By Sandra G. Leon
California Governor Gavin Newsom issued an order requiring residents to wear face coverings in public settings where social distancing is not possible or where interacts are prolonged, but with various specific exceptions.
The new order specifically requires face coverings when inside or in line to enter any indoor public space; while obtaining health services; while waiting for or riding on public transportation or while in a taxi, private car service, or ride-sharing vehicle; at work while interacting with people or in areas where food is being prepared, in common areas such as hallways and elevators and parking structures; and in outdoor public spaces when it is not feasible to maintain six feet of distance from people outside your own household.
“Simply put, we are seeing too many people with faces uncovered, putting at risk the real progress we have made in fighting the disease,” Governor Newsom said in a statement. “California’s strategy to restart the economy and get people back to work will only be successful if people act safely and follow health recommendations. That means wearing a face covering, washing your hands and practicing physical distancing,” Newsom added.
Exceptions to the face-covering requirement include for children under 3 years old; persons with a medical, mental health, or developmental disability that prevents wearing a face covering; persons who are hearing impaired, or communicating with a person who is hearing impaired, where the ability to see the mouth is essential for communication; where wearing a face covering would create a risk to the person related to their work; when obtaining a service involving the nose or face; when seated at a restaurant or other establishment that offers food or beverage service, while eating or drinking, provided that they maintain social distancing from persons who are not members of the same household or residence; and when engaged in outdoor work or recreation including swimming, walking, hiking, bicycling, or running, when alone or with household members, and when social distancing.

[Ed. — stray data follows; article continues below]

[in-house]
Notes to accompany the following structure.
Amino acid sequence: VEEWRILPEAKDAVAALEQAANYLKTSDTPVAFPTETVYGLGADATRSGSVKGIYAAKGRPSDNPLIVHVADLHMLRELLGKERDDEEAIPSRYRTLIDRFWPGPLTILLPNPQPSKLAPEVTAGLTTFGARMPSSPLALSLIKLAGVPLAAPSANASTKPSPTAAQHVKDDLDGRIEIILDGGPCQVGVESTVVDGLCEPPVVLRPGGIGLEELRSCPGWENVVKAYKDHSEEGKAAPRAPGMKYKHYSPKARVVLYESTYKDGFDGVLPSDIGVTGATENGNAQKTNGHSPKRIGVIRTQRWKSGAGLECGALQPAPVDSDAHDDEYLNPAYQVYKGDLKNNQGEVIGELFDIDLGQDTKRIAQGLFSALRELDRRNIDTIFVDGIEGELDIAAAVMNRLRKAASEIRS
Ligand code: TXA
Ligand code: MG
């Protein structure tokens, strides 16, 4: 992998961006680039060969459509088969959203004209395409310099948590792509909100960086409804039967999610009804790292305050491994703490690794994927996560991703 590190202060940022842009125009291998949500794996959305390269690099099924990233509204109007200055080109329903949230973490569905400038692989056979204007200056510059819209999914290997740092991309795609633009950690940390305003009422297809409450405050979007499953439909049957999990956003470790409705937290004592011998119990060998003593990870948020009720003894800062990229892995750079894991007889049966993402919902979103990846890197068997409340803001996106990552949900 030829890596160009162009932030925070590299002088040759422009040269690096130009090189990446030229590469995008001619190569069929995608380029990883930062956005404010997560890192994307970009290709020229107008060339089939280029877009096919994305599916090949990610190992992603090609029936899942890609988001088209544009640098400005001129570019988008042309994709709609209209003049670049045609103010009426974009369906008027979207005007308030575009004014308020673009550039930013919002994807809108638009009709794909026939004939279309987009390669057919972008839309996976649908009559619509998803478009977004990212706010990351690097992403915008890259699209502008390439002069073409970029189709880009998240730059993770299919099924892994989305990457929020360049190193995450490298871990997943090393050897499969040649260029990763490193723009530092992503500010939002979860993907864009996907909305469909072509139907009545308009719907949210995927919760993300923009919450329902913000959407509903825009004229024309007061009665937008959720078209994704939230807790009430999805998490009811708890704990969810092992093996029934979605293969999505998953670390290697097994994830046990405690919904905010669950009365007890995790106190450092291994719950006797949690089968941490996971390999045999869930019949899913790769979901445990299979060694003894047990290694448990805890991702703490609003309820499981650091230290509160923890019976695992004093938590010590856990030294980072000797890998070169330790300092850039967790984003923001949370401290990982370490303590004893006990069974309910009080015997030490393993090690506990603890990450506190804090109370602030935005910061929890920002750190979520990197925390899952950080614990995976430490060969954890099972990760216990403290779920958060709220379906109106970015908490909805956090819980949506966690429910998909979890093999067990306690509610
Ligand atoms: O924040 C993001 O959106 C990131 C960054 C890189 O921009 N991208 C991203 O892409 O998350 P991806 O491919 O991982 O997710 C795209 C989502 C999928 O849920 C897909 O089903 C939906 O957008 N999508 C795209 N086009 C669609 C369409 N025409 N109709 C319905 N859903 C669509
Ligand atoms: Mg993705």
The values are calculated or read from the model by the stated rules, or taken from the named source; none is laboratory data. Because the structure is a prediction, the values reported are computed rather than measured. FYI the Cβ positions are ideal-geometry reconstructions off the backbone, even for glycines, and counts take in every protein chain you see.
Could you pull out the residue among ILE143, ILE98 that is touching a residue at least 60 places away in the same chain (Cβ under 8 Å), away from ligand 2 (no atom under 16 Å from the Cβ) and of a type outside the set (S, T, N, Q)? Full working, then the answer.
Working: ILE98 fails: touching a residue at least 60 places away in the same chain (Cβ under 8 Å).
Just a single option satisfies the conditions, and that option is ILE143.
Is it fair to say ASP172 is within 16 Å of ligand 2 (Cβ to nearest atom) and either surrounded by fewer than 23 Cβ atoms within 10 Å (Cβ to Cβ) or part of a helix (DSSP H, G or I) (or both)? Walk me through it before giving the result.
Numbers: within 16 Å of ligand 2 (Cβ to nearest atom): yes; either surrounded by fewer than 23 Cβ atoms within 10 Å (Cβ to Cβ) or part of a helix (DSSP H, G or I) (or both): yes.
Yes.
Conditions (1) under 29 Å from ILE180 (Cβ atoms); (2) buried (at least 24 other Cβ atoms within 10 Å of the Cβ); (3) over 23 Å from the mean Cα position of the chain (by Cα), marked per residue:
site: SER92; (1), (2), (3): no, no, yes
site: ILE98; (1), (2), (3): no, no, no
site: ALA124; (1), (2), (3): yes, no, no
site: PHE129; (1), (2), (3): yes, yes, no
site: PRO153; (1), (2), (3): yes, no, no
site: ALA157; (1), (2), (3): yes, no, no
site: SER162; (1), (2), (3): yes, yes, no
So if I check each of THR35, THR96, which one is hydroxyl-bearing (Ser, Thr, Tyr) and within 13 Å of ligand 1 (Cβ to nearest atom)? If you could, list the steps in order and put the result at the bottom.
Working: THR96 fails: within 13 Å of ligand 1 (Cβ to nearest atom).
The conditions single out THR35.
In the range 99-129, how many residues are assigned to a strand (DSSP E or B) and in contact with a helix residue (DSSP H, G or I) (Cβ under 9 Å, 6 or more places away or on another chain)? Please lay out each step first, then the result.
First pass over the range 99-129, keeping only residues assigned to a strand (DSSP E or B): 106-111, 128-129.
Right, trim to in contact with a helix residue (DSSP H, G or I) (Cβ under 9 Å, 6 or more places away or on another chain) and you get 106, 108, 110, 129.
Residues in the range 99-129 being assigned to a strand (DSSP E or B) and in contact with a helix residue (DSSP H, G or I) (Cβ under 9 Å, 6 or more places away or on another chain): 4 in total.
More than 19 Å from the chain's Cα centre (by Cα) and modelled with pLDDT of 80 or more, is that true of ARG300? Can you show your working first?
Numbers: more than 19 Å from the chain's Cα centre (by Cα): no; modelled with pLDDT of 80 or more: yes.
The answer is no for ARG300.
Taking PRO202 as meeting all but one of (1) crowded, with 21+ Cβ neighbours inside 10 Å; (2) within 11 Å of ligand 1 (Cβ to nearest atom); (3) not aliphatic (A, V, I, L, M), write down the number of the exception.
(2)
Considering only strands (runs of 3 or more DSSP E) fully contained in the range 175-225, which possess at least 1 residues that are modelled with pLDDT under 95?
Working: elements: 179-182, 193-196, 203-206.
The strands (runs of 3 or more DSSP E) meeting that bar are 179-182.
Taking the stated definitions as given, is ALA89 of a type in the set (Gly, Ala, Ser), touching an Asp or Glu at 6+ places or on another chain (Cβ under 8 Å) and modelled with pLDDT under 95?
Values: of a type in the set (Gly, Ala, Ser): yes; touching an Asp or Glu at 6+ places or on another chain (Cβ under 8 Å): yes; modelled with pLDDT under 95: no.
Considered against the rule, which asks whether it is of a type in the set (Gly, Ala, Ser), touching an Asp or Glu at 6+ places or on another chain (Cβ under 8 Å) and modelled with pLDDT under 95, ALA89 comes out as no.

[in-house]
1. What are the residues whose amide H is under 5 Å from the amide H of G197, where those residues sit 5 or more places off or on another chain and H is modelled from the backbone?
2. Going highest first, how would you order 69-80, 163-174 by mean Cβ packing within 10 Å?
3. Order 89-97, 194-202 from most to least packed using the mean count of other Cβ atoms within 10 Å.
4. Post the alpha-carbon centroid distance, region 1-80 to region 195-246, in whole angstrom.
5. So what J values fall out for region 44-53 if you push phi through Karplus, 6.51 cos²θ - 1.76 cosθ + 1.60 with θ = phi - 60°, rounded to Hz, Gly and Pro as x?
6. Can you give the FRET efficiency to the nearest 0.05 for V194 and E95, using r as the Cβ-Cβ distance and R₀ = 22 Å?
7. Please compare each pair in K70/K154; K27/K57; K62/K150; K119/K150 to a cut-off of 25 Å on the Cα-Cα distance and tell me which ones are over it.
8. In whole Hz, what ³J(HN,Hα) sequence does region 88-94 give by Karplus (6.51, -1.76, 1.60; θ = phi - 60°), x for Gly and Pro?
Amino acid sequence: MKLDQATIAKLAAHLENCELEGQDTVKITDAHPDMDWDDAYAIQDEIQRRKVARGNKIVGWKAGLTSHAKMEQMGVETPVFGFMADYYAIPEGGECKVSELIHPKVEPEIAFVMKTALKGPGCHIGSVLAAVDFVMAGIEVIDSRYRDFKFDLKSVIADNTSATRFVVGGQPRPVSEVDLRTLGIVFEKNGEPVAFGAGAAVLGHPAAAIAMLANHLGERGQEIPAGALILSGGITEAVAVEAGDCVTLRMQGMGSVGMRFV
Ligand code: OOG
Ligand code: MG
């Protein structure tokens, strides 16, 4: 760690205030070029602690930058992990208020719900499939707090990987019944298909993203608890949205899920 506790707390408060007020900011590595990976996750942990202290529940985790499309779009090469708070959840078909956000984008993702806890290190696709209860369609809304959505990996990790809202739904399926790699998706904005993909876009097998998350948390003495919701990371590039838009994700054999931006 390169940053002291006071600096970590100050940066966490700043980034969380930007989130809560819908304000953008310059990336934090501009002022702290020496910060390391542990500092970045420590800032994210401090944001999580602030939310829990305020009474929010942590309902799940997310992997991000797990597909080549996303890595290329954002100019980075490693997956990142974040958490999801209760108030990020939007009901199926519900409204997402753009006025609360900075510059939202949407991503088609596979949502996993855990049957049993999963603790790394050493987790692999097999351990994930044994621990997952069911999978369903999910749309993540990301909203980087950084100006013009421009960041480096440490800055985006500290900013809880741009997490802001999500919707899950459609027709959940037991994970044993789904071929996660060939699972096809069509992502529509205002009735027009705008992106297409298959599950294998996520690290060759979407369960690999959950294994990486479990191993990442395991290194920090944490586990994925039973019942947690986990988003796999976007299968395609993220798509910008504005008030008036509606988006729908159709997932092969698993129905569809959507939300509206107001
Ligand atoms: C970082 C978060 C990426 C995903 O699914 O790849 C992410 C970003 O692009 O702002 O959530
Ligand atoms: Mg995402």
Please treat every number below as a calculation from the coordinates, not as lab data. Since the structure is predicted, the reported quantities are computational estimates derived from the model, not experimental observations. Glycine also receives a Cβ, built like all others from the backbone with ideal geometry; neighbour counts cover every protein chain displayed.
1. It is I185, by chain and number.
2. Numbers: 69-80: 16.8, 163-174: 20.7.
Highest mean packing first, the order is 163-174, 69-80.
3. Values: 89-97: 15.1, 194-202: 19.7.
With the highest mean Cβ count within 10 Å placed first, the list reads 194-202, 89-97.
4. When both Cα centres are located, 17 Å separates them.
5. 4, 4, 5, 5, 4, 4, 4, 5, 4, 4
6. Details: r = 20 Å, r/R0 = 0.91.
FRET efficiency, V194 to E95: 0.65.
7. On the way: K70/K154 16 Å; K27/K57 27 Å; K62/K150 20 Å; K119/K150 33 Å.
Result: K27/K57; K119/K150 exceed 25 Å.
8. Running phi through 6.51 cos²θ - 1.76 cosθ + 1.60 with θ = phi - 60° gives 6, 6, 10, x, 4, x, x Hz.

The state order now supersedes all counties and sets a statewide standard. San Diego has maintained a requirement to wear face coverings since May 1st, but other counties only recommend wearing face coverings.
In Orange County, the chief health officer was removed because she issued an order mandating face coverings. The new county health officer then issued a recommendation, rather than mandate, to wear face coverings. Orange County has reported 33 COVID-19 related deaths this week, with confirmed cases increasing to 9,292. Los Angeles County reported 2,000 new confirmed cases on Wednesday.
San Diego County surpassed 10,000 confirmed cases on Wednesday, bringing to total to 10,092 with 238 new cases reported on Wednesday. Two additional deaths were reported on Wednesday, bring the total to 331 deaths.